After graduating from University of British Columbia (UBC) in 2003, I stayed on as a Post-doc to finish up a few experiments and get my “PhD paper” through the publication process. During this time I was casting about for the next step for myself and our young family (it was touch-and-go whether our first child would arrive in time to see daddy get his Ph.D.: as it was, he arrived a few days after). As I was traveling around and interviewing for postdoctoral positions, the job posting for Trinity Western University (TWU) came to my attention. Thinking it a long shot, I applied, and to my surprise got an interview – and later found out that my extra-curricular study at Regent College had made all the difference. So, in the fall of 2004, I took up a full-time job as a young assistant professor in biology at the largest evangelical university in Canada.
Early career at TWU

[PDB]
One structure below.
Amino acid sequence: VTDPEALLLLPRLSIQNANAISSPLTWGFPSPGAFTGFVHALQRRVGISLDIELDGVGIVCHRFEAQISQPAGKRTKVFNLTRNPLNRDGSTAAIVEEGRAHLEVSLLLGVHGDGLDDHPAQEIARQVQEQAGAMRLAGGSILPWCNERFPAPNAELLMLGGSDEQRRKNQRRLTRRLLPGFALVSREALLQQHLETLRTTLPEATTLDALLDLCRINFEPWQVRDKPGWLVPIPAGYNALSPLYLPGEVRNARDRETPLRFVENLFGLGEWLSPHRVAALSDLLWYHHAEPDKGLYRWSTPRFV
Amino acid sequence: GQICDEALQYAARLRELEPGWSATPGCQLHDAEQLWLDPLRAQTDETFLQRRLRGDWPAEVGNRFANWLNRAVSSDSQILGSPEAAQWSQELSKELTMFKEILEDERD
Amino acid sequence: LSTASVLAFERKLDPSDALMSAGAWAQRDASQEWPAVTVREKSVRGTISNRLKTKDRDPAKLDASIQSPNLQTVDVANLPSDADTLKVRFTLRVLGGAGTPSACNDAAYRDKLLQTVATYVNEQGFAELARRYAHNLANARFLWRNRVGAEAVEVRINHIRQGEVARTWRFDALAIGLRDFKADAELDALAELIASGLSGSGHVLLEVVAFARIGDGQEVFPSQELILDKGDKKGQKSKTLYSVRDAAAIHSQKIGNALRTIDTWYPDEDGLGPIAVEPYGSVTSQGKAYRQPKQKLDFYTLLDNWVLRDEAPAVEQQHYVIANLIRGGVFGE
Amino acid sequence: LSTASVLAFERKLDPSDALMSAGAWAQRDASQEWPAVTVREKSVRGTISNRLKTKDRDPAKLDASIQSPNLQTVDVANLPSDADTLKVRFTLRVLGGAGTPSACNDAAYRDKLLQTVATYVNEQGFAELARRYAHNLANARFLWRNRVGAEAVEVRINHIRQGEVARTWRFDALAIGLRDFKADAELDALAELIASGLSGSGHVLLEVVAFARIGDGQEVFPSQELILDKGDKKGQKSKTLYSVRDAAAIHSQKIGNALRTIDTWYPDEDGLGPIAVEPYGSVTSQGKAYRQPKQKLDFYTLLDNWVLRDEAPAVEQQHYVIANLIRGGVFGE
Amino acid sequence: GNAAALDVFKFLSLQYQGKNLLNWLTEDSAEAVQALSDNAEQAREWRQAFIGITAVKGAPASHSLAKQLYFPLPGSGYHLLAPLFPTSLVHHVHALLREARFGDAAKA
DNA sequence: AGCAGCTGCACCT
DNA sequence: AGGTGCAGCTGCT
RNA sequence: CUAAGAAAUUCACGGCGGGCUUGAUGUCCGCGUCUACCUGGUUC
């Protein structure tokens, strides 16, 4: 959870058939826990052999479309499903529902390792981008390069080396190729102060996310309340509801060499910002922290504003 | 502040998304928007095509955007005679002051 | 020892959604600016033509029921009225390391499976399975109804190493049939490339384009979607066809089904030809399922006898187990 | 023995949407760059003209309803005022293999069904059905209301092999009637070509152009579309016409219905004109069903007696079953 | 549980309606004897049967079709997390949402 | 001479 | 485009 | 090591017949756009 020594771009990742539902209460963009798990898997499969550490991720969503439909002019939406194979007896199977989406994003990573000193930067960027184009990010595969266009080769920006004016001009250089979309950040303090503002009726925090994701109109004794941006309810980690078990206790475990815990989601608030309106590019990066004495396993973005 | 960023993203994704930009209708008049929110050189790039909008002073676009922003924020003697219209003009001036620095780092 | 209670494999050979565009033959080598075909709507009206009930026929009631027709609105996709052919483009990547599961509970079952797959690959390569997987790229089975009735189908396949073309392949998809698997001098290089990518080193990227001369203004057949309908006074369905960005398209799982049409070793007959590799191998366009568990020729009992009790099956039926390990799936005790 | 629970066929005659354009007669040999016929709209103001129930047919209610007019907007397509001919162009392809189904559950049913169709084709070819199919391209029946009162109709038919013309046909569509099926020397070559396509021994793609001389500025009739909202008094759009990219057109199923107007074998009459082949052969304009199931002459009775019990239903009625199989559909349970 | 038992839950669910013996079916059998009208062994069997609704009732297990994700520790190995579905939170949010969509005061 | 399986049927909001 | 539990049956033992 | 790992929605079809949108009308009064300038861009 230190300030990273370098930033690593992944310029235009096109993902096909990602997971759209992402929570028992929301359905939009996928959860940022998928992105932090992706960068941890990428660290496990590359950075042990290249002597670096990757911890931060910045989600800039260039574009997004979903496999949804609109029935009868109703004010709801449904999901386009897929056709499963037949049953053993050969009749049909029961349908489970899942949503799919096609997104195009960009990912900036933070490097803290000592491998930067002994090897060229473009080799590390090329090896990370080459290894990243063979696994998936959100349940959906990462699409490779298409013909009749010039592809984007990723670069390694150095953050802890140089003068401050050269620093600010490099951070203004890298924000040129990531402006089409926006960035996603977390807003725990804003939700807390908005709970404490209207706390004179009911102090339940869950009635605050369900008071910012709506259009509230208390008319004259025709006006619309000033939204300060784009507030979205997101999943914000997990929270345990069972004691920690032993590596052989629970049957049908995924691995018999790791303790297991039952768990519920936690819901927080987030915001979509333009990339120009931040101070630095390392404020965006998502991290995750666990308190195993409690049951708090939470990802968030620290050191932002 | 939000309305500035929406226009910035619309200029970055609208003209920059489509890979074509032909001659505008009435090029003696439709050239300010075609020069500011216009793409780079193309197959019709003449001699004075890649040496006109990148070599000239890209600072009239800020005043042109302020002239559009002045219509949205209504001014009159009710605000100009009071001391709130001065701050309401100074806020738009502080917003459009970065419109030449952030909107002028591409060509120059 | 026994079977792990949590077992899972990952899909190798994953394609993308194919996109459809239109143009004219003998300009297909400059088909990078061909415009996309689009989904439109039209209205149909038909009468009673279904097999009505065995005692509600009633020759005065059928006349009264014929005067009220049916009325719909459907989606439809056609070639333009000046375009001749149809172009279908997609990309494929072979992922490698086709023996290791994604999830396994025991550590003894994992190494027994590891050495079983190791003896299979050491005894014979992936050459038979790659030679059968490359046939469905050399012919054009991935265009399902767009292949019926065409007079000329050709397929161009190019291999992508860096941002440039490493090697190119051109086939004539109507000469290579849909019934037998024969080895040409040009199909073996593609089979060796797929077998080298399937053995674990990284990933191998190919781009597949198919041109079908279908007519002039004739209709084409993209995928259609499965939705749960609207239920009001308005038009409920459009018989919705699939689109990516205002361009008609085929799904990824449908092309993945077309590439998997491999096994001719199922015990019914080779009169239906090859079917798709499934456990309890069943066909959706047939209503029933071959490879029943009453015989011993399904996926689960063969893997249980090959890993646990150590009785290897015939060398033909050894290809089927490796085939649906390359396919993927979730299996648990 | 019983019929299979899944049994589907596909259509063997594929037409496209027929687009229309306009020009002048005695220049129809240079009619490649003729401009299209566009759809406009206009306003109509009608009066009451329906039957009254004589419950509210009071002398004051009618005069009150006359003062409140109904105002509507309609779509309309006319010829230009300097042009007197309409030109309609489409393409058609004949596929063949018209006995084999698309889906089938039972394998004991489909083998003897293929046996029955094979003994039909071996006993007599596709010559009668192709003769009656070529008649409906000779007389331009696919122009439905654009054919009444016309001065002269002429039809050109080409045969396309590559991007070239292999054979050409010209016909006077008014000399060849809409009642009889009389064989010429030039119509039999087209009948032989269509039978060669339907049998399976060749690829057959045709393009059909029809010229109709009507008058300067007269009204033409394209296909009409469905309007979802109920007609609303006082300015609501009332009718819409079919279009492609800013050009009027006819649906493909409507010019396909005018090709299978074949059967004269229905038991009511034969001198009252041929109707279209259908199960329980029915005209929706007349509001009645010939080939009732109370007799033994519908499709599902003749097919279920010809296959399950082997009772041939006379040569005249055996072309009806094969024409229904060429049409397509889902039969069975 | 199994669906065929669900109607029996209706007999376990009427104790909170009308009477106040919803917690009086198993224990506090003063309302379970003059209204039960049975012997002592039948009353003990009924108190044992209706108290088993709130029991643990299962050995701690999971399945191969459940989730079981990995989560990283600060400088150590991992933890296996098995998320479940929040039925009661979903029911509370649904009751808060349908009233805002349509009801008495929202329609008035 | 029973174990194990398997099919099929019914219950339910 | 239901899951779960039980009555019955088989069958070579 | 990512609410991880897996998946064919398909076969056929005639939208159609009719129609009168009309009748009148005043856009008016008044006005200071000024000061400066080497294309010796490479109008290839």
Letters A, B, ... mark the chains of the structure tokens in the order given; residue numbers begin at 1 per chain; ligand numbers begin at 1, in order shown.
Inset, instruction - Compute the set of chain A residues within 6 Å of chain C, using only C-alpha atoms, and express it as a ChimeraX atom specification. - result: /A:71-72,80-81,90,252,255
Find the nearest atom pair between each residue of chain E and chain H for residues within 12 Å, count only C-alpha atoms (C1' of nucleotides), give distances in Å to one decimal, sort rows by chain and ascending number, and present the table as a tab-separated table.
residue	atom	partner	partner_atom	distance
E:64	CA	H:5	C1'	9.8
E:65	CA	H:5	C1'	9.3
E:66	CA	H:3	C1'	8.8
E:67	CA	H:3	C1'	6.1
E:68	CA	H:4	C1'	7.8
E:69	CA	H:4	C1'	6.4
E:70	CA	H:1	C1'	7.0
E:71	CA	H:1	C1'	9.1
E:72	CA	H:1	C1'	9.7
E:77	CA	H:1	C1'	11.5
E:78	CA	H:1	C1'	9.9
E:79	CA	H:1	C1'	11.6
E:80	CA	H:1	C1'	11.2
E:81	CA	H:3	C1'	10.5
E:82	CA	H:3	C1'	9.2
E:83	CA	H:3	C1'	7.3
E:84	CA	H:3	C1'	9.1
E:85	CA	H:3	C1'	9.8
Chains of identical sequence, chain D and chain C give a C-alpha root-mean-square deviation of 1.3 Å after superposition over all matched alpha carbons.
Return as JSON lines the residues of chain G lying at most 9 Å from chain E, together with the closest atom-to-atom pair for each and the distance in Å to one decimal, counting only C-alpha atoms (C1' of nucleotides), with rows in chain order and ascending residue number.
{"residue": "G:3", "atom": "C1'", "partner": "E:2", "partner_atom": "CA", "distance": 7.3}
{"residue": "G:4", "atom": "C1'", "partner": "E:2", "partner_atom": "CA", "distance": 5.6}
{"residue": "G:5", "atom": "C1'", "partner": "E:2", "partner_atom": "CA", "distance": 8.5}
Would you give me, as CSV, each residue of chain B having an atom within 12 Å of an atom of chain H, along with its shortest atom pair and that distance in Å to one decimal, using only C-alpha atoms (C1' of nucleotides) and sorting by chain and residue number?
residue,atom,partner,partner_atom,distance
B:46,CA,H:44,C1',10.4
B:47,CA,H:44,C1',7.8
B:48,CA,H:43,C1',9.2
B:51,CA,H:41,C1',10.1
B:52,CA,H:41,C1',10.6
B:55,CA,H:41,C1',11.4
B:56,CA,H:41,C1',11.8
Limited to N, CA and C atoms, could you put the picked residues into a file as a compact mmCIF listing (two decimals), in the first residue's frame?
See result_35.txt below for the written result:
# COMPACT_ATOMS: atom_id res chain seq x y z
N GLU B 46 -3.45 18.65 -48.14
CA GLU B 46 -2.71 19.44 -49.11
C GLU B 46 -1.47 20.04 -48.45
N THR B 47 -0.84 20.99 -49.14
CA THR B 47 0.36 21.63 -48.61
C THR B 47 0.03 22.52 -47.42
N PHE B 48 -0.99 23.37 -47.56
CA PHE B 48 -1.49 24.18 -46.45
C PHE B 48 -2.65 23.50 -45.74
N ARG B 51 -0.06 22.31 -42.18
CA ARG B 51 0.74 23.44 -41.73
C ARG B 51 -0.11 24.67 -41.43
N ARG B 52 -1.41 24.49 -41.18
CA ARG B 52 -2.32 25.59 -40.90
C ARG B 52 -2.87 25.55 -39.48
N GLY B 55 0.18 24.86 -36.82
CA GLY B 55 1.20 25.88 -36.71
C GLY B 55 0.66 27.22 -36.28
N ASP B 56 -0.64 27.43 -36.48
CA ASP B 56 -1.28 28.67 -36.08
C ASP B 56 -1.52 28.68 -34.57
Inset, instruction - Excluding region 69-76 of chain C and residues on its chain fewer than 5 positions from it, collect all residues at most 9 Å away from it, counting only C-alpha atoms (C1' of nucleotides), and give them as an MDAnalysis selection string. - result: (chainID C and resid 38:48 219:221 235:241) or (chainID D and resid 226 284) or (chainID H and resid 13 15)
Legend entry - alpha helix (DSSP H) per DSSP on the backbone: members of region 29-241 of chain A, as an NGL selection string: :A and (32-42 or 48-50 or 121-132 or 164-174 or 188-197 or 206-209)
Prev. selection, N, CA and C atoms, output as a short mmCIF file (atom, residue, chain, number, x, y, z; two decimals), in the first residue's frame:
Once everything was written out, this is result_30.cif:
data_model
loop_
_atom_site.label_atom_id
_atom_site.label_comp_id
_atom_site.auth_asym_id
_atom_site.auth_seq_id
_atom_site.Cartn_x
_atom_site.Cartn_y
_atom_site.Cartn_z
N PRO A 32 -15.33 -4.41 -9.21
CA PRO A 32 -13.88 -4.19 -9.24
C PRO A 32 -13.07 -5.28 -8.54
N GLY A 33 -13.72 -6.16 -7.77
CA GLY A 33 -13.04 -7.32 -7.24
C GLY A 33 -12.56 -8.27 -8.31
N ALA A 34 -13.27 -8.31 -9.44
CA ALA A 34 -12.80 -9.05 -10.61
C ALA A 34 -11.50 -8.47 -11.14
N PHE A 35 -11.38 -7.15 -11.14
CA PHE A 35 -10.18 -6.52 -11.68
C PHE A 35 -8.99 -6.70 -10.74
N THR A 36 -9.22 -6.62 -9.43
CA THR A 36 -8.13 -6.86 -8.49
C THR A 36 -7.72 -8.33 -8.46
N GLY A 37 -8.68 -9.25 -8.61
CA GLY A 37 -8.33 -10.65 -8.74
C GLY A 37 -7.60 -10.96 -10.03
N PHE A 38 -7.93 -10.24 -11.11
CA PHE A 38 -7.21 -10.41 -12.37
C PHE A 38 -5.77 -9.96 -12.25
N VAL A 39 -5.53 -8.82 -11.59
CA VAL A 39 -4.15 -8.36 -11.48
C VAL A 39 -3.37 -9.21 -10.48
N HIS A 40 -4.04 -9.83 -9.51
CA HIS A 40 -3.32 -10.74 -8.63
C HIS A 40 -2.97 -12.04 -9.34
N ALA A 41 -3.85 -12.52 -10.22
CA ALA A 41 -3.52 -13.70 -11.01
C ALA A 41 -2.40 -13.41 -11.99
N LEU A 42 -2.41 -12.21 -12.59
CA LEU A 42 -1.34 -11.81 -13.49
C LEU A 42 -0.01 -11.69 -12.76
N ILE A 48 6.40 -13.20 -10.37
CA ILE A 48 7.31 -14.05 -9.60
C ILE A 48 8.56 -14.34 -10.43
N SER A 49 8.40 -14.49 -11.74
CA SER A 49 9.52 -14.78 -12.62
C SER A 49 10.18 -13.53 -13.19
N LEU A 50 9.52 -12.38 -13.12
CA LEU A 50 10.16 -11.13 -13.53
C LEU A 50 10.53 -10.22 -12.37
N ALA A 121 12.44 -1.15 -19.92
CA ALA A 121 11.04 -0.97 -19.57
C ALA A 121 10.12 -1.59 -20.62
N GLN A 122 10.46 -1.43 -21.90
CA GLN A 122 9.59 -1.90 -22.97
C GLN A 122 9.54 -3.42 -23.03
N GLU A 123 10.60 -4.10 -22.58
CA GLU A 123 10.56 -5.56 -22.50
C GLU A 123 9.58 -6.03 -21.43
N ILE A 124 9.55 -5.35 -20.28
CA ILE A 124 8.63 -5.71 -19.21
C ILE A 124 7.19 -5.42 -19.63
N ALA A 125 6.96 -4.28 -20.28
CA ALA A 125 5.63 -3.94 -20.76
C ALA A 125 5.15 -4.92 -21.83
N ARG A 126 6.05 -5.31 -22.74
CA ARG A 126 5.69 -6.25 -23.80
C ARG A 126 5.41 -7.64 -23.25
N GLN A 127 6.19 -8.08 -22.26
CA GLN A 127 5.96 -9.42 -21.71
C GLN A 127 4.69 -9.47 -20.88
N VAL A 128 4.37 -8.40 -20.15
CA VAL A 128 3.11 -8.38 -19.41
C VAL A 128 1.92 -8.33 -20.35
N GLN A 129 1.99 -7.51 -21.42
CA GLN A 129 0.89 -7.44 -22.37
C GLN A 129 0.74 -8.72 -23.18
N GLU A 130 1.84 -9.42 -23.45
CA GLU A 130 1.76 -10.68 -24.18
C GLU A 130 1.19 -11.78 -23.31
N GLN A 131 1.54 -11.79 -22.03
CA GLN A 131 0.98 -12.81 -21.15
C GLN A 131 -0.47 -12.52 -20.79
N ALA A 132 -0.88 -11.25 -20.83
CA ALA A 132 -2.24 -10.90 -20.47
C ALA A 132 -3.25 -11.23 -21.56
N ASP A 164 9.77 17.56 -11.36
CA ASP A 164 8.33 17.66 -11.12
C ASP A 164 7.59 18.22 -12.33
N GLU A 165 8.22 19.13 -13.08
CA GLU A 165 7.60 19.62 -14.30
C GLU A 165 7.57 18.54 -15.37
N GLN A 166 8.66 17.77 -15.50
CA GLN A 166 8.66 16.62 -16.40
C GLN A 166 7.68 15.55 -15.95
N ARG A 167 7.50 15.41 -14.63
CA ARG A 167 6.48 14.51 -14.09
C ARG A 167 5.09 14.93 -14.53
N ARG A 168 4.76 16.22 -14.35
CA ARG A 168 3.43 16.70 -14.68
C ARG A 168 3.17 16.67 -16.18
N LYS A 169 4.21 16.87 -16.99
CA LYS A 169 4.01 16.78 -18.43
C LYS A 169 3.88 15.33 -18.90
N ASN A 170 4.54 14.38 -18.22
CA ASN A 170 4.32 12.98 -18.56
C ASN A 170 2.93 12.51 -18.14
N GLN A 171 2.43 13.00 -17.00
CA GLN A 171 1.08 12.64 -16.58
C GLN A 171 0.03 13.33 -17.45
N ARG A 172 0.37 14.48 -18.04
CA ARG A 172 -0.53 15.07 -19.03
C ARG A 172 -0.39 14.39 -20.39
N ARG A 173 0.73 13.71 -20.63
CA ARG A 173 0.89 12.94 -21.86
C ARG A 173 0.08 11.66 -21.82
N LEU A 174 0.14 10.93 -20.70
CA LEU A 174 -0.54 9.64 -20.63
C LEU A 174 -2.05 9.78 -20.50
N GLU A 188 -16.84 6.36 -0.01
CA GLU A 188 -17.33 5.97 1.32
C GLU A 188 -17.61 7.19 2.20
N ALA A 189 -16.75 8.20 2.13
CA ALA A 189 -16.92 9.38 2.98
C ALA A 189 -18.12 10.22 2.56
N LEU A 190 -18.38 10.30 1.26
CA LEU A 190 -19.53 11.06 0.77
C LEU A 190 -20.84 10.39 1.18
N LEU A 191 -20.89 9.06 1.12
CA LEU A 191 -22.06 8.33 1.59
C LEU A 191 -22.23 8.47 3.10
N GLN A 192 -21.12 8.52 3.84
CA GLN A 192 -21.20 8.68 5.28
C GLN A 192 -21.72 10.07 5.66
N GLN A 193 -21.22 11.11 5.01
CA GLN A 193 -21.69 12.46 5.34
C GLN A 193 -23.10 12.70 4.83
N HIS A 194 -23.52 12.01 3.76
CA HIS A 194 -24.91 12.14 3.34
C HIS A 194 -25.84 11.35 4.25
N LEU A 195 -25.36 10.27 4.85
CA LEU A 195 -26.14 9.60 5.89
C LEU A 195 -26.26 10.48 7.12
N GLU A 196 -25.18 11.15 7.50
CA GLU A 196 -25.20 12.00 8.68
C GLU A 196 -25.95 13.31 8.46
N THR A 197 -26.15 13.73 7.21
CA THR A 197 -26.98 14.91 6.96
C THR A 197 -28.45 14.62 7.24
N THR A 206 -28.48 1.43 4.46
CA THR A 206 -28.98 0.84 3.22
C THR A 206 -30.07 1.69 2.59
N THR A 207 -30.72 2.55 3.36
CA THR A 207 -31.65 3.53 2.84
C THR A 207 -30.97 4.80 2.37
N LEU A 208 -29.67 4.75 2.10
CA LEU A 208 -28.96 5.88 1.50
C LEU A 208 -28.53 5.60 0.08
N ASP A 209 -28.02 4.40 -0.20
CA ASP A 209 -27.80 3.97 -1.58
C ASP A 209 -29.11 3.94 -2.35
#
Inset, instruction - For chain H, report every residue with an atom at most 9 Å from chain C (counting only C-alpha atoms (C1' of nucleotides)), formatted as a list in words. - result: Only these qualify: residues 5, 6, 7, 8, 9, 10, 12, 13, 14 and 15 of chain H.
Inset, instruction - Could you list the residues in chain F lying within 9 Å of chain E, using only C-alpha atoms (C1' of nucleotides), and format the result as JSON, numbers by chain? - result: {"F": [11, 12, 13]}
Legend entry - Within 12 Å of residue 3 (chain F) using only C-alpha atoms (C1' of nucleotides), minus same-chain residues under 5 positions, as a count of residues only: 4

This was another “busy, busy, busy” phase – teaching courses for the first time, and getting my research up and running. It’s not surprising that this time was one of little reflection on evolution – there simply wasn’t the time. It was a topic, however, that came up more than it had at UBC: students at TWU were not afraid to ask questions about it, or to consider its theological implications. I also now had Christian colleagues with settled views on evolution: most in the biology department overtly accepted it, while one in environmental chemistry was (and is) an open supporter of the ID movement. When opportunity arose (for example, when I was away at conferences), I would invite this latter colleague to present his ID work to my introductory classes. These presentations received positive reviews from the students, and I used them to support my own, more subtle, intimations that evolution was an easily dismissed and highly speculative science. As such, the basic approach to evolution I had accepted as an uncritical undergrad / early grad student continued to hold, and I saw no reason to change it. Certainly the hectic pace of those early days (including a daughter born in the spring of my first year of teaching) was a contributing factor. There simply wasn’t time for any considered reflection on the topic.